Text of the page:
Abstract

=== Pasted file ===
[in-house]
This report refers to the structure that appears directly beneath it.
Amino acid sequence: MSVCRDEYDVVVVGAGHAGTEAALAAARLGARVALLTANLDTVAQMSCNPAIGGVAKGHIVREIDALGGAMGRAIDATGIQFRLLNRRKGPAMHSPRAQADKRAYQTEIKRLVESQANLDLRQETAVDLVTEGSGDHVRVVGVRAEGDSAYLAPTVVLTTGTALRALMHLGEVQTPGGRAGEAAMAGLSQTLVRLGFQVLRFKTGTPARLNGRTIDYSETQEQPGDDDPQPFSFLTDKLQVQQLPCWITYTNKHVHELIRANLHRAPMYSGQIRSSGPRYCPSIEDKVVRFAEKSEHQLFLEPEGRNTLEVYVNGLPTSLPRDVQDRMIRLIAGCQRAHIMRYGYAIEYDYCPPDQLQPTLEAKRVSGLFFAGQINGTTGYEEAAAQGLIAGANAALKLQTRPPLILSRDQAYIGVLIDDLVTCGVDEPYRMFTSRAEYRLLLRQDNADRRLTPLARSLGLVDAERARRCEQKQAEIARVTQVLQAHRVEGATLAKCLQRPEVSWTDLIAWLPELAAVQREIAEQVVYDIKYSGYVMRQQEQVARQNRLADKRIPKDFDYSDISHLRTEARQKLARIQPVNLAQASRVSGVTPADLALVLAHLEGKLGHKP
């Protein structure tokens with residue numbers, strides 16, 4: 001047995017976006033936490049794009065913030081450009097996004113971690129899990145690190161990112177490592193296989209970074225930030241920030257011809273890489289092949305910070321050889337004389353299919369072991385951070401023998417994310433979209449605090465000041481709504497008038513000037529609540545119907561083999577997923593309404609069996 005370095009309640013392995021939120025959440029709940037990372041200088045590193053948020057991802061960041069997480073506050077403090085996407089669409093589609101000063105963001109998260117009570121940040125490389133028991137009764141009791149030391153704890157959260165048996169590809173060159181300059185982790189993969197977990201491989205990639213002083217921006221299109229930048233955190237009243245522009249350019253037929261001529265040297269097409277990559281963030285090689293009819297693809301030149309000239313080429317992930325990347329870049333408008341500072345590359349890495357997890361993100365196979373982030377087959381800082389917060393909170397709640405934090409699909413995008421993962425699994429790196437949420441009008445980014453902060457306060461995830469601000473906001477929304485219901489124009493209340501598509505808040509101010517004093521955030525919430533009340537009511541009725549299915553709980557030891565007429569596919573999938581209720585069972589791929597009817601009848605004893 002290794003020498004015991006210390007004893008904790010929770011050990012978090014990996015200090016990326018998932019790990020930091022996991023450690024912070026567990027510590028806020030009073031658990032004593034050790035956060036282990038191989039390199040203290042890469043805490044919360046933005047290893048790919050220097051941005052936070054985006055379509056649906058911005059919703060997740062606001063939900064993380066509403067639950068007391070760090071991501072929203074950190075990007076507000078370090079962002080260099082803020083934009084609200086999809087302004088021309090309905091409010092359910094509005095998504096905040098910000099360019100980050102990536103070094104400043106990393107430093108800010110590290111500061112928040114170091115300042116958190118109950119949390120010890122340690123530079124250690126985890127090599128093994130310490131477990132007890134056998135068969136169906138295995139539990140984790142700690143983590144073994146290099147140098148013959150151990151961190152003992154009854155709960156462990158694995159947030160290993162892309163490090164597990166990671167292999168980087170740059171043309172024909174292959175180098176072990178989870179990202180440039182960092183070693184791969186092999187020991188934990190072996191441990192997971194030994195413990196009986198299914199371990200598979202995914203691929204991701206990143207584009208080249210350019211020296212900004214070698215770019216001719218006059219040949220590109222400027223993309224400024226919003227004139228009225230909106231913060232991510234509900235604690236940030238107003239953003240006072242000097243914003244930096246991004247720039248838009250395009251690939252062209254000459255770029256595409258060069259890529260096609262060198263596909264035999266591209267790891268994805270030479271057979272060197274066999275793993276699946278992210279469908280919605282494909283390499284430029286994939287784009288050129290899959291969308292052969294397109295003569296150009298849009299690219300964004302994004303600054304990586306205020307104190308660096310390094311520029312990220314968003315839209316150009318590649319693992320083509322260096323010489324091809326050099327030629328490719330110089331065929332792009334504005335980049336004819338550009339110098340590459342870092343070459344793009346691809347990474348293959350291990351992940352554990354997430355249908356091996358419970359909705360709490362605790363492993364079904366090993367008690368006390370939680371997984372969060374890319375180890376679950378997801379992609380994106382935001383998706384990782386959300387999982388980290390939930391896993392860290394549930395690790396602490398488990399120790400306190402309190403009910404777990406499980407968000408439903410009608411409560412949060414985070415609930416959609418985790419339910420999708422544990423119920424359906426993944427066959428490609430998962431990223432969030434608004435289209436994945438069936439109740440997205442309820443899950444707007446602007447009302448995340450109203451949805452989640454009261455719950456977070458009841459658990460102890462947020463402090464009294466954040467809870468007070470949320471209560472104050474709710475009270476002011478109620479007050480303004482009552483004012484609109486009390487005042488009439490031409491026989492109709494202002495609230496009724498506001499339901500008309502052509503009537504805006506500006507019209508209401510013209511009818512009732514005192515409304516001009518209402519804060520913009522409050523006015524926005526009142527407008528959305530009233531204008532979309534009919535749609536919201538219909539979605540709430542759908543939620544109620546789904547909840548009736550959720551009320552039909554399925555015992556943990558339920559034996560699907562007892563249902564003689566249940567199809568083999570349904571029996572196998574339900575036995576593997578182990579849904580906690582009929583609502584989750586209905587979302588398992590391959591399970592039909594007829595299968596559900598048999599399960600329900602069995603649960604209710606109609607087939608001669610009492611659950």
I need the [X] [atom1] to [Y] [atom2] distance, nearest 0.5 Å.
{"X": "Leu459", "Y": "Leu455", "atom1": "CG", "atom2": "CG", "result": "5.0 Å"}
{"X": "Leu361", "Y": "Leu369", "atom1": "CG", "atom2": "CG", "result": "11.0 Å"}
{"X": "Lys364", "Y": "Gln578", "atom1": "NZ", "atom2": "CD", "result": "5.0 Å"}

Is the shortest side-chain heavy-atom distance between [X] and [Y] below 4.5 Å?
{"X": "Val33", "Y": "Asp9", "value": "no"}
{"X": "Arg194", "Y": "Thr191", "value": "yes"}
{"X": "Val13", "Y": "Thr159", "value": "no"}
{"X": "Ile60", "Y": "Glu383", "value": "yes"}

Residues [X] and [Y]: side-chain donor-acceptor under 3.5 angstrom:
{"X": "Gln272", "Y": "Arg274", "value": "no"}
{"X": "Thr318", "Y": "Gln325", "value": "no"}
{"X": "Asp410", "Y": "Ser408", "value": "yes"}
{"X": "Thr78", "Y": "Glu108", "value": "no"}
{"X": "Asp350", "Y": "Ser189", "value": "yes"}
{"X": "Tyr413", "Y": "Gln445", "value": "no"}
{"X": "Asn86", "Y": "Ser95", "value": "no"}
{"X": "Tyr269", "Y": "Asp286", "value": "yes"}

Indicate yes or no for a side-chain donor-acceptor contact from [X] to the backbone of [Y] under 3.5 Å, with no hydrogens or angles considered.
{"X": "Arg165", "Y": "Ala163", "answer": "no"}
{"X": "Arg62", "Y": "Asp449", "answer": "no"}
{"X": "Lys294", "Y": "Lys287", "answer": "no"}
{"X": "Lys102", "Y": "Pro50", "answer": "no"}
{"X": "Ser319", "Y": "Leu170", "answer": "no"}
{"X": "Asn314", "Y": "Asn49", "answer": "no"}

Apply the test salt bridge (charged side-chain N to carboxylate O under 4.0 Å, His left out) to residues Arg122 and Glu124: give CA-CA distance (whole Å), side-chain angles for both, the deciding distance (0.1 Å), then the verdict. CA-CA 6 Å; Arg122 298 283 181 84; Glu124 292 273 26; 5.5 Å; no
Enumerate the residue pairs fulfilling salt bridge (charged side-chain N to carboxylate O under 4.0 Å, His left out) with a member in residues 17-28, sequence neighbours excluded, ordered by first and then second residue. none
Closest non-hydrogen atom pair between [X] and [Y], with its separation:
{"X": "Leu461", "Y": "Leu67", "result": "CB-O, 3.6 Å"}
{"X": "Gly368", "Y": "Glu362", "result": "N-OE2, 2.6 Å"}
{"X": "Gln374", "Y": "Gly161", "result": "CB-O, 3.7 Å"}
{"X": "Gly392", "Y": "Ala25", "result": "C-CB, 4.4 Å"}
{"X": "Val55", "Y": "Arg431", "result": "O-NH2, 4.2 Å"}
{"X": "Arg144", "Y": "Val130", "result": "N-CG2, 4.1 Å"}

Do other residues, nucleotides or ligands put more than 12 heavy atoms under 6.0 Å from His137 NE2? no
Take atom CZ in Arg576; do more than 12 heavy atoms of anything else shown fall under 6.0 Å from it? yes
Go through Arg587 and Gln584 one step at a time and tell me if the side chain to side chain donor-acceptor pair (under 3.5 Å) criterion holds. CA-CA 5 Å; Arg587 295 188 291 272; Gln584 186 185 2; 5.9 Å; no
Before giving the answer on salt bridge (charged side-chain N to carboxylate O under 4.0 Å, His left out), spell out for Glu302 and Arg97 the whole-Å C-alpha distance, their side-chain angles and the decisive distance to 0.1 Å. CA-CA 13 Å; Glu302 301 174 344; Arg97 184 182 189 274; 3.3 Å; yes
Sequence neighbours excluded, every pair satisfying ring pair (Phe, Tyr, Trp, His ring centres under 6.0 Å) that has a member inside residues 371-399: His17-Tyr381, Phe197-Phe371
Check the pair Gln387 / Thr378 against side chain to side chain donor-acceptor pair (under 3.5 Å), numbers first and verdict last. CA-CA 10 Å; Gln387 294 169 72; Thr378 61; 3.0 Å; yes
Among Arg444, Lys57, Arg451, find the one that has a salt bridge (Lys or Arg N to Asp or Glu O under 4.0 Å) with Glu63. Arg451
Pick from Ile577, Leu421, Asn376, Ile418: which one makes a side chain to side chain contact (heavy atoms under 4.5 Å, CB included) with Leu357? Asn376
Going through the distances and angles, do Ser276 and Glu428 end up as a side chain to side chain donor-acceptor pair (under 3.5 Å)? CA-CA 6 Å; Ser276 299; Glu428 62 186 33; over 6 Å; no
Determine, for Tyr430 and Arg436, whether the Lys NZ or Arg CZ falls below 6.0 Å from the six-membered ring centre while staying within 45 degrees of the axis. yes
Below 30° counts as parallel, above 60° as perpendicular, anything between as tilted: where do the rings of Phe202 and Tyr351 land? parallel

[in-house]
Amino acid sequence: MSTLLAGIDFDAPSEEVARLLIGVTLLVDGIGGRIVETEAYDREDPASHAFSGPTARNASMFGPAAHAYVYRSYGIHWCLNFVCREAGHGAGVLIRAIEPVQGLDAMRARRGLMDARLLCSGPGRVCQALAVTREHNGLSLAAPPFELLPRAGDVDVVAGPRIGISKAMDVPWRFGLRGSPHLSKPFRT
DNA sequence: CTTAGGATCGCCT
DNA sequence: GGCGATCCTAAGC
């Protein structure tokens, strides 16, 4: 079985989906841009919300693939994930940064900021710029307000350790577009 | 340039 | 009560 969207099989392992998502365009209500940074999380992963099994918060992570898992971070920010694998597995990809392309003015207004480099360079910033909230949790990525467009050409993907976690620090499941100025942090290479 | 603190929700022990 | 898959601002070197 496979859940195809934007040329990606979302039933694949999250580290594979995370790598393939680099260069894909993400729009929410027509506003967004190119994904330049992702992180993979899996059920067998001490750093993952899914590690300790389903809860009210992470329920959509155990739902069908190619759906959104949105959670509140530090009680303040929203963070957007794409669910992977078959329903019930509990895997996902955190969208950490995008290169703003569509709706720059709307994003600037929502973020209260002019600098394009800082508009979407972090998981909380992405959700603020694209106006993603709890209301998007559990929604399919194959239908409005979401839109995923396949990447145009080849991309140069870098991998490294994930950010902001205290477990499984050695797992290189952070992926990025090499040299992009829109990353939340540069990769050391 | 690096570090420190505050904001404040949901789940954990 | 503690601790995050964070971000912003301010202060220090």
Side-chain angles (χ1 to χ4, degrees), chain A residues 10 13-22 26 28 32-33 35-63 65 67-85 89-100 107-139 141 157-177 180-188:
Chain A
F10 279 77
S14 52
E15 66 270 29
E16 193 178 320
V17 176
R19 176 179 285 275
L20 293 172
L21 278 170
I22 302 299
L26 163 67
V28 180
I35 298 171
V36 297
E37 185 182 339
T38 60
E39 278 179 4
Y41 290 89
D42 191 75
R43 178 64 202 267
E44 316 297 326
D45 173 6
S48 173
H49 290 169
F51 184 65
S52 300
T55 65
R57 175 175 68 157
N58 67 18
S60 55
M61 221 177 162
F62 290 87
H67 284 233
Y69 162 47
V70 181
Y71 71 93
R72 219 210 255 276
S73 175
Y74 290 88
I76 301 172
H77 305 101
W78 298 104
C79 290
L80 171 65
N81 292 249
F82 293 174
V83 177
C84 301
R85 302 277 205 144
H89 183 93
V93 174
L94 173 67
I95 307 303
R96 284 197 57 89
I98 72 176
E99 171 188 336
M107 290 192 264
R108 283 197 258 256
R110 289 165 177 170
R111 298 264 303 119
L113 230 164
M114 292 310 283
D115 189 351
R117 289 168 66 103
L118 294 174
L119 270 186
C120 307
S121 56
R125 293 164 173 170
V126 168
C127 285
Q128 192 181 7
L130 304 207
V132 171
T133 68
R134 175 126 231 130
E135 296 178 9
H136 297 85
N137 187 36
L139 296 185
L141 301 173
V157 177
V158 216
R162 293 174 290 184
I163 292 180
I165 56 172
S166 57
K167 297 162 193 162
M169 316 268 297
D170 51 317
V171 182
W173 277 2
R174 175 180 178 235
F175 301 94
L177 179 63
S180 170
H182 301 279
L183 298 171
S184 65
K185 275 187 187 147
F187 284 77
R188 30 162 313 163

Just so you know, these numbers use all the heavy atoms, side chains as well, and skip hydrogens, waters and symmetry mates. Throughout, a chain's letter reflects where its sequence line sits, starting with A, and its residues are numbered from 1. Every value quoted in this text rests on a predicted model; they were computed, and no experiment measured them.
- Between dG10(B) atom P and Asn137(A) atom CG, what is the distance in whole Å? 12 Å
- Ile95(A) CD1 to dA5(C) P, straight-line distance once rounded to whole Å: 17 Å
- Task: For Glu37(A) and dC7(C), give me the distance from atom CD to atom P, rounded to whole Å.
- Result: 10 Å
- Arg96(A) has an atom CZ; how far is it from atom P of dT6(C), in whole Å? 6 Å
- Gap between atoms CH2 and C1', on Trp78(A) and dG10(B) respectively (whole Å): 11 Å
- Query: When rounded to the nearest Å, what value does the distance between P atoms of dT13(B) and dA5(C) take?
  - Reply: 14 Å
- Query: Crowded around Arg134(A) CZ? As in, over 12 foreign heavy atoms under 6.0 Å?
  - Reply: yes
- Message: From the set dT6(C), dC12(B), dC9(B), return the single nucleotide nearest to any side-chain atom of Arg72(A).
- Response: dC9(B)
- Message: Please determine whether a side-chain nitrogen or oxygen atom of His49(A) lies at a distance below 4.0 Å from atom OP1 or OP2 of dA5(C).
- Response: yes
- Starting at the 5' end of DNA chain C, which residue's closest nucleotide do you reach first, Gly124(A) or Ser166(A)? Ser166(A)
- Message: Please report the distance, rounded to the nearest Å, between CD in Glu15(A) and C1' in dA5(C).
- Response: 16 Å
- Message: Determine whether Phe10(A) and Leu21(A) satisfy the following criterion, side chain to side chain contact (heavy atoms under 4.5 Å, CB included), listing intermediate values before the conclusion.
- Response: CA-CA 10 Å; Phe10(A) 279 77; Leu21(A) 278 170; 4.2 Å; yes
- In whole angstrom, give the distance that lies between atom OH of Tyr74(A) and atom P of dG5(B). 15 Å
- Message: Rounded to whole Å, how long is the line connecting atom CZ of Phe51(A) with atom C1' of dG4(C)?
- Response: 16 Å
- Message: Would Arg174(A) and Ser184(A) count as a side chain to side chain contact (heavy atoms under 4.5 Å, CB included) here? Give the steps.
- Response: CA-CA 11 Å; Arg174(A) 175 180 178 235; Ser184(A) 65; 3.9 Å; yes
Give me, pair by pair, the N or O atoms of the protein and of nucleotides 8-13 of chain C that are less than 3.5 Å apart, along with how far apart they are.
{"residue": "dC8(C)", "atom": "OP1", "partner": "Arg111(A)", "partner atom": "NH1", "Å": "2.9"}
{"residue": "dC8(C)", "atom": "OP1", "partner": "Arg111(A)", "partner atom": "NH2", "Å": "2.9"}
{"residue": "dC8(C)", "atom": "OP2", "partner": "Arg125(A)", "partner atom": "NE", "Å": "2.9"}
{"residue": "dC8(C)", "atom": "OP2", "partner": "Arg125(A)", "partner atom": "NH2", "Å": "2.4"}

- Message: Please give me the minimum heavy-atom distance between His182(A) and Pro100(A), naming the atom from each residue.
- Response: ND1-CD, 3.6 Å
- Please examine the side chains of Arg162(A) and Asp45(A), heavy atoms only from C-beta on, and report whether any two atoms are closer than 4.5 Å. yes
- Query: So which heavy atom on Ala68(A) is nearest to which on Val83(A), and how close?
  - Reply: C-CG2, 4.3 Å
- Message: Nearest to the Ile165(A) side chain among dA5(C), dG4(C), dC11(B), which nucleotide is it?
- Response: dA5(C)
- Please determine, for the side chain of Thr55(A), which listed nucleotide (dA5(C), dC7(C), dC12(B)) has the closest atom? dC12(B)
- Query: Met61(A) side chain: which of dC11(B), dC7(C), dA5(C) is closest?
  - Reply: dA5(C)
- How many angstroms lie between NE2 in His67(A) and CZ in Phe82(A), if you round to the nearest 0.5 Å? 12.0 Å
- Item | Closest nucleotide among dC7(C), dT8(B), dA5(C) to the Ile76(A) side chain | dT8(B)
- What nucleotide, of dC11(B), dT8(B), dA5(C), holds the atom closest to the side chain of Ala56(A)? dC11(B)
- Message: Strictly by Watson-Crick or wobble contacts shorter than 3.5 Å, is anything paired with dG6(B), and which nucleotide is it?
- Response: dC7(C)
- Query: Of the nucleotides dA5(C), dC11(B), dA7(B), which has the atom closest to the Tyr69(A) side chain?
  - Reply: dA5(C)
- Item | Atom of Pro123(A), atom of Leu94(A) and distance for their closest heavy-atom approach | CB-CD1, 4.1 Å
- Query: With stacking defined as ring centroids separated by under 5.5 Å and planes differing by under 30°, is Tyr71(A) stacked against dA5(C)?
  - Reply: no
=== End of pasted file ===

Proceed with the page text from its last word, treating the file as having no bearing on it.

External and internal morphologies are well shown by a newly discovered diatreme that is exceptionally well exposed in a cirque within the north face of Mount Dingley. The diatreme contains abundant brecciated host rocks mixed with highly altered, fine-grained, light-green igneous fragments (minerals include muscovite, chlorite, quartz, carbonate, and some remnant K-feldspar). The diatreme cuts Lower Ordovician rocks of the McKay Group. Olistostromes and other volcaniclastic rocks that are directly associated with the diatreme are bevelled beneath a regional unconformity below the Upper Ordovician Beaverfoot Formation. Lower Ordovician gastropods are present just below the volcaniclastic rocks and within what appears to be a lens of sediment within one of the olistostrome beds. These occurrences indicate a mid-Early Ordovician time of intrusion, but there is the possibility that the pipe was emplaced later within the interval mid-Early to early Late Ordovician. In the Western Ranges, three other episodes of emplacement of diatremes have been documented previously as within the intervals early Middle to early Late Ordovician, latest Early Silurian to early Middle Devonian, and Late Permian. Many of the diatremes are broadly contemporaneous with widespread, but volumetrically small, Ordovician and Lower Paleozoic volcanic and intrusive rocks found throughout the Canadian Cordillera. These volcanic and intrusive rocks have been interpreted as evidence of continued Lower Paleozoic extensional tectonism and some are associated with large base-metal deposits.

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